Yes. The decision whether to request double-weighting lies with the submitting unit.
Where the double-weighting request is accepted, the output will count as two items against the individual to whom it is attributed. (If it is a co-authored output, institutions may attribute the output to a maximum of two members of staff returned within the same submission, in which case it will count as one output for each of them). If the panel does not accept the request, and the output remains single-weighted, it will count as one item.
Double-weighting requests should be made in accordance with the minima and maxima requirements for attributing outputs to staff, so that in the event the request is accepted, or in the event that it is not and the reserve output is instead assessed, the minimum of one requirement is met for each Category A submitted staff member (unless individual circumstances apply), and no more than five outputs are attributed to any one member of current or former staff.
An output first published in its final form during the REF 2021 publication period that was ‘pre-published’ in the previous publication period – whether in full in a different form or as a preliminary version or working paper – is eligible for submission to the REF, provided that the ‘pre-published’ output was not submitted to REF 2014 by any institution.
Outputs made publicly available while a Category A submitted staff member was a research student are eligible for submission with the exception of a thesis or dissertation. For impact, the research underpinning an impact case study must have been undertaken while the person was working in the submitting HEI; any research undertaken while the individual was a research student could not be submitted as underpinning research for impact case studies.
The outputs from a PhD by publication can be submitted to REF 2021 by the HEI employing the staff member as Category A eligible on the census date. However, PhD theses and dissertations are not eligible for submission to REF 2021.
If the journal issue is not denoted by the month of publication, you should enter your best possible estimate of the month of publication.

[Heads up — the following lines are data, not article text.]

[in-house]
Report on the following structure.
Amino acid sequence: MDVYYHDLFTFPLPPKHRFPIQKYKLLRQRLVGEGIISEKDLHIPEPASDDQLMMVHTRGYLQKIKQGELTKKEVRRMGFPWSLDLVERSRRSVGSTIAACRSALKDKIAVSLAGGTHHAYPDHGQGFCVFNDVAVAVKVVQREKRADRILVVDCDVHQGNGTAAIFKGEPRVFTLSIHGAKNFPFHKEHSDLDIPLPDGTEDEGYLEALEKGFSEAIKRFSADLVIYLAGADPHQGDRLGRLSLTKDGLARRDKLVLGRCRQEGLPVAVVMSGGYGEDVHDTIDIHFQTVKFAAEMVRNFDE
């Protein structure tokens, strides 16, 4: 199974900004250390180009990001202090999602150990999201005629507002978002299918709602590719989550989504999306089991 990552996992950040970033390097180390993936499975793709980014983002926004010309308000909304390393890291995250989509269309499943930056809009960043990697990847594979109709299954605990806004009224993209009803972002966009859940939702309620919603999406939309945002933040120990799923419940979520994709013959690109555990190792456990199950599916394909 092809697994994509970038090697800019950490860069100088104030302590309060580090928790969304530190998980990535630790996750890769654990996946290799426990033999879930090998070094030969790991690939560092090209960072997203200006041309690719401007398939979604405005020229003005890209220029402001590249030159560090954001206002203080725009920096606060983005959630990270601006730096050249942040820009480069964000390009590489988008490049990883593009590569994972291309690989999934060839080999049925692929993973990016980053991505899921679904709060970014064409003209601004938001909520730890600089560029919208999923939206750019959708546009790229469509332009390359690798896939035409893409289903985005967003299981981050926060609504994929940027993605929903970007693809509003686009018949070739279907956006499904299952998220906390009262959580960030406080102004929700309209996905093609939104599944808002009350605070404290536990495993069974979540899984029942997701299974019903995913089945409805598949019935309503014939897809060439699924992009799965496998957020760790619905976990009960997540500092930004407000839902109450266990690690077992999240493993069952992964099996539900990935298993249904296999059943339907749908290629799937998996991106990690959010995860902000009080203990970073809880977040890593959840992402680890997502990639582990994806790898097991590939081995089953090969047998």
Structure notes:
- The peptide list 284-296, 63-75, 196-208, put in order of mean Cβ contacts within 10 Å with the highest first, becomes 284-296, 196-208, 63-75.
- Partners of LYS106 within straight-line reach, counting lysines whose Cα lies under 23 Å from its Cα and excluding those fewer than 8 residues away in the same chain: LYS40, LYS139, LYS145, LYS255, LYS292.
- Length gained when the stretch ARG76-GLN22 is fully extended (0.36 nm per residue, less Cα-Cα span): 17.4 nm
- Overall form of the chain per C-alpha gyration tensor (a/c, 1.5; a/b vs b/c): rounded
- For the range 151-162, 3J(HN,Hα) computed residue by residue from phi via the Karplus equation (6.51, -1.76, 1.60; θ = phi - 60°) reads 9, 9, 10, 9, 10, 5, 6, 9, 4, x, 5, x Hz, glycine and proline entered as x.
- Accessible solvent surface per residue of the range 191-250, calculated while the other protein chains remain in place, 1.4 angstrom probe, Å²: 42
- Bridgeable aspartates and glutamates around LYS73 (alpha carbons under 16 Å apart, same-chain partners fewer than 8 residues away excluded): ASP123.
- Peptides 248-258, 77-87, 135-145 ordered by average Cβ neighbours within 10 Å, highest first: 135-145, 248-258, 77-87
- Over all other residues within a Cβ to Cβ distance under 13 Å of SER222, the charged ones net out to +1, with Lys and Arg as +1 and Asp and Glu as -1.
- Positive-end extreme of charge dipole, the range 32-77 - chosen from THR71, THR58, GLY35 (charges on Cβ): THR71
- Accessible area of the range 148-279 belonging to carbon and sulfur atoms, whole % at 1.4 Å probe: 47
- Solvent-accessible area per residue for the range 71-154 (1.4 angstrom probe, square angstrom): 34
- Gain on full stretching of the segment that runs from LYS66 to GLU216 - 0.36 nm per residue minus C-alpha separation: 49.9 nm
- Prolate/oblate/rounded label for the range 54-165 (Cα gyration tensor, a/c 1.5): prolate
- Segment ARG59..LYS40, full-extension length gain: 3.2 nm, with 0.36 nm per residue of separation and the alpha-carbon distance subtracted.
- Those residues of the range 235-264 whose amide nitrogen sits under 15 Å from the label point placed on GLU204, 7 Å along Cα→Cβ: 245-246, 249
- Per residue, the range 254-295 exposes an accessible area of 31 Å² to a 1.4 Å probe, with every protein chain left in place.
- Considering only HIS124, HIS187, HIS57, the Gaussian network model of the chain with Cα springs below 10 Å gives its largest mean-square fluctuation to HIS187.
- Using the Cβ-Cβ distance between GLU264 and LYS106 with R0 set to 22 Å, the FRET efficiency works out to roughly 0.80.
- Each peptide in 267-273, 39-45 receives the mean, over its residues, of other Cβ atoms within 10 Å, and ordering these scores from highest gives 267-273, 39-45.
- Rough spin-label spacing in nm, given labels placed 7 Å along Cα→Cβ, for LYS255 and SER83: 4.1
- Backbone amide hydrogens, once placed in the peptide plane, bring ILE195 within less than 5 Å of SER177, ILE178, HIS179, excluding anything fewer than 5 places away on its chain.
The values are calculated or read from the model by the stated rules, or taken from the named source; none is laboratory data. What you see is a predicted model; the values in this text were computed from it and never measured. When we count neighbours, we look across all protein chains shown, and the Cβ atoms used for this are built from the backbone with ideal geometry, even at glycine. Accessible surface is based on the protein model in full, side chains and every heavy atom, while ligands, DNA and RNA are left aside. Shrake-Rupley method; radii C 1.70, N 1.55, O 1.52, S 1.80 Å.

If it gives a season, and the month of publication is not otherwise known, please enter the following months:
• 1 = winter (beginning of year)
• 4 = spring
• 7 = summer
• 10 = autumn
• 12 = winter (end of year)
Tightly-grouped, short items with significant research in common are eligible to be submitted as a multi-component output (paragraph 271, Panel Criteria and Working Methods). In order to encourage the submission of outputs that fully represent the breadth and diversity of research in the arts and humanities, this provision is in place to support the submission of groups of items that would not individually be sufficiently substantial to be submitted as single items. For example, a cluster of related, short encyclopaedia articles, or a series of separately published poems that are part of a defined sequence, would fall into this category. We expect outputs submitted as ‘groups of short items’ to be accompanied by a clear statement explaining the rationale for their grouping.
Separately published papers are discrete outputs and cannot be grouped together as a single output. Where research has been split by a publisher and would only be considered a single coherent work when viewed together, these should be returned as one research output.
This provision is in place to support the presentation of a range of items that collectively and coherently represent the research dimensions of a single creative practice research output. Guidance on the submission of a multi-component output in relation to creative practice is provided in paragraph 265 and in Annex C of the Panel Criteria and Working Methods. Multi-component outputs are expected to include a range of item types which may include, for example images, video and/or audio files, a patent, which collectively enable the panel to access the research dimensions of the creative practice output. It is recommended that outputs submitted under this provision are accompanied by a clear statement explaining the research dimensions of the creative practice submitted as a research output.
Sub-panels 1-6 and 9 will only routinely refer to author contribution statements on outputs in cases where there are more than 15 authors and the submitted member of staff to whom the output is attributed is not identified as either the lead or corresponding author. If there are errors in an author contribution statement contained within the output, HEIs should flag this in the co-author contribution statement that they provide for the sub-panel to consider. If the sub-panel has any concerns about the information provided, the HEI may be asked to verify the co-author contribution through audit.